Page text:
But while Faiyaz escapes the premature handcuffs of the Sonder sound, there are moments of throwback nostalgia for fans who want more of Sonder's Into. “Talk 2 U” doesn’t feel as if it fits this decade, R&B for an age where dancing in the rain was a common music video trope. Easily the best contender for a lead single.
I expected Brent to lean upon Sonder’s sound, but he chose a different path. I expected another attempt to recreate the magic of “Crew"; instead, Brent strayed far from the realm of radio records. Sonder Son is almost an anti-album, daring enough to push new ideas upon an unsuspecting audience and refusing to follow a formula to build upon prior success.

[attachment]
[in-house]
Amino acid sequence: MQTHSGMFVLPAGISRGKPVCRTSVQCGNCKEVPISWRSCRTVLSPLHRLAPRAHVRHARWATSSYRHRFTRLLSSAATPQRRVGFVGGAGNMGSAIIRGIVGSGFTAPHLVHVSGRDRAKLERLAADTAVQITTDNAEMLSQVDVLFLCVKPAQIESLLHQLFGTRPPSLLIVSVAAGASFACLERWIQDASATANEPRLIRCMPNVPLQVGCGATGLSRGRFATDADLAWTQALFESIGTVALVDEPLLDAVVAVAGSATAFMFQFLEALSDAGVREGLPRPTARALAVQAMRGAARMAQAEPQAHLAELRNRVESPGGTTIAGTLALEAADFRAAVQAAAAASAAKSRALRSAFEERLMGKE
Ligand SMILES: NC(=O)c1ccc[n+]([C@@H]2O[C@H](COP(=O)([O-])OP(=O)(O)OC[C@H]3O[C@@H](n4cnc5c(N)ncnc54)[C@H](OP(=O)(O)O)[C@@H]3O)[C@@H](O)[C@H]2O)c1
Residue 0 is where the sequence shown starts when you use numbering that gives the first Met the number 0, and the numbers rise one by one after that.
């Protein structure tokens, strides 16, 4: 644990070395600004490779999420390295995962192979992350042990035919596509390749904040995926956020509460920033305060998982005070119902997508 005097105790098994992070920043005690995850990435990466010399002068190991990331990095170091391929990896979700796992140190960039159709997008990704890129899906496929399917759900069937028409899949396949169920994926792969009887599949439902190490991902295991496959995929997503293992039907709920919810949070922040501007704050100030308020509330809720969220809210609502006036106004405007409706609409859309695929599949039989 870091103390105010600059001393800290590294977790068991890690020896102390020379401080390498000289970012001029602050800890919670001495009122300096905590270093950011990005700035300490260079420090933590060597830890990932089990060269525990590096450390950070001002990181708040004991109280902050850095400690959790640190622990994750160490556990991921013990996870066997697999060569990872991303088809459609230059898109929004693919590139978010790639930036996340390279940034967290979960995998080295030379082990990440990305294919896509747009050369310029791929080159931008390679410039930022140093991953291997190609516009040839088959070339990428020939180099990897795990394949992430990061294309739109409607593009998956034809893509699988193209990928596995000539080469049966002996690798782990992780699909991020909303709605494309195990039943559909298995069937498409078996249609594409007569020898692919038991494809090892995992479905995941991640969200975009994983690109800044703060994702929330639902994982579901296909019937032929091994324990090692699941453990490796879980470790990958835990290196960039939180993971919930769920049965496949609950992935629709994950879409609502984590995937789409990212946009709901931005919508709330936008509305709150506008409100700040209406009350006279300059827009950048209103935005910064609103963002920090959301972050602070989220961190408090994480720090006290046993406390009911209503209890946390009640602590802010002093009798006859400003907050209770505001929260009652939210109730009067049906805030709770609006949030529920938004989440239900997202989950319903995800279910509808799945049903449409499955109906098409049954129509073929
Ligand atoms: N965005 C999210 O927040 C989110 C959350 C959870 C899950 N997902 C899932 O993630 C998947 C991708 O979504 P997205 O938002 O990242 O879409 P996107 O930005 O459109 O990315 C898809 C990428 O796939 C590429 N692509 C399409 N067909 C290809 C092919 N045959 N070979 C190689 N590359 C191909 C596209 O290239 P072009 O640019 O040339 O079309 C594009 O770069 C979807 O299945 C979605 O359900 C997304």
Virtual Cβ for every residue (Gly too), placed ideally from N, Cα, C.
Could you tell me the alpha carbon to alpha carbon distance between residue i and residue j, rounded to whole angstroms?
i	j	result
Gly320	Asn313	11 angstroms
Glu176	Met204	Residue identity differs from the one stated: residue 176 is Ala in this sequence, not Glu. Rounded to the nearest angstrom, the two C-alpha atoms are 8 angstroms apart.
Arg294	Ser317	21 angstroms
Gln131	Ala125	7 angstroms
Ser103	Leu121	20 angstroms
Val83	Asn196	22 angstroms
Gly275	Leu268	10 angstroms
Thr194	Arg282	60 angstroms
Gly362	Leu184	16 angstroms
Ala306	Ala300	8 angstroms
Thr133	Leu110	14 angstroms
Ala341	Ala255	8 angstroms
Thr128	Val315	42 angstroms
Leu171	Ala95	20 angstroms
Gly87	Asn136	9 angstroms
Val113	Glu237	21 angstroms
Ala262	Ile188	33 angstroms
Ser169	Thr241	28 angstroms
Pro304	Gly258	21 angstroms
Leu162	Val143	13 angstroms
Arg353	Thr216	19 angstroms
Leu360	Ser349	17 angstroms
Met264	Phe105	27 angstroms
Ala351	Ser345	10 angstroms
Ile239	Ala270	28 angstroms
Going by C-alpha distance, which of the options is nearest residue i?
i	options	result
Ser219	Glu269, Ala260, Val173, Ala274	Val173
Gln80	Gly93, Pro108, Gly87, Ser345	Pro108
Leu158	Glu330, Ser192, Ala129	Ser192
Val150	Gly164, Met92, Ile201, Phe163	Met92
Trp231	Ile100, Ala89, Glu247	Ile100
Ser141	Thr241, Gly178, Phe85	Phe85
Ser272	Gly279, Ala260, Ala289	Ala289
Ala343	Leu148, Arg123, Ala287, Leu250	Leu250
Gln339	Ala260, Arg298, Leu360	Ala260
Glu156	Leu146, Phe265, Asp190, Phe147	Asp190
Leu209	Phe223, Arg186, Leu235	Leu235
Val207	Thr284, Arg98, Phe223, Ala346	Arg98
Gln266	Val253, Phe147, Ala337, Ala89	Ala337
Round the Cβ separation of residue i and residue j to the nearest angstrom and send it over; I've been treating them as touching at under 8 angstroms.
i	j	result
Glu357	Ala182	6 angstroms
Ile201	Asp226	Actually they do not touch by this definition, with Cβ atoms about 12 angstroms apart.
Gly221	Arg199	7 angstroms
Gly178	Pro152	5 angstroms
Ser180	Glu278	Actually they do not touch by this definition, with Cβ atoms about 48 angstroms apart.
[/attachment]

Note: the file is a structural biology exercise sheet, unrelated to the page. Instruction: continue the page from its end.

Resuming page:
Faiyaz crafted a project that displays all his strengths in territories unexplored in his preceding projects. It’s refreshing to hear another unique R&B album by a voice who wants to sing to a different tune than what’s served on the popular platter. He has the voice and the vision, a combination necessary to stand out. Sonder Son is not only an excellent introduction but an unlikely one.
The best surprises are ones you don’t see coming, and Brent’s unpredictability and limitless potential are why Sonder Son will be the final seed planted before his career sprouts into something massive. No major features, no major co-signs, no major label—and yet Sonder Son feels big and bold, a project that states, "I have arrived."
Without question, Sonder Son is the final notice: 2017 was the year that Brent Faiyaz proved the future was his for the taking.
By Yoh, aka Brent FaiYohaz, aka @Yoh31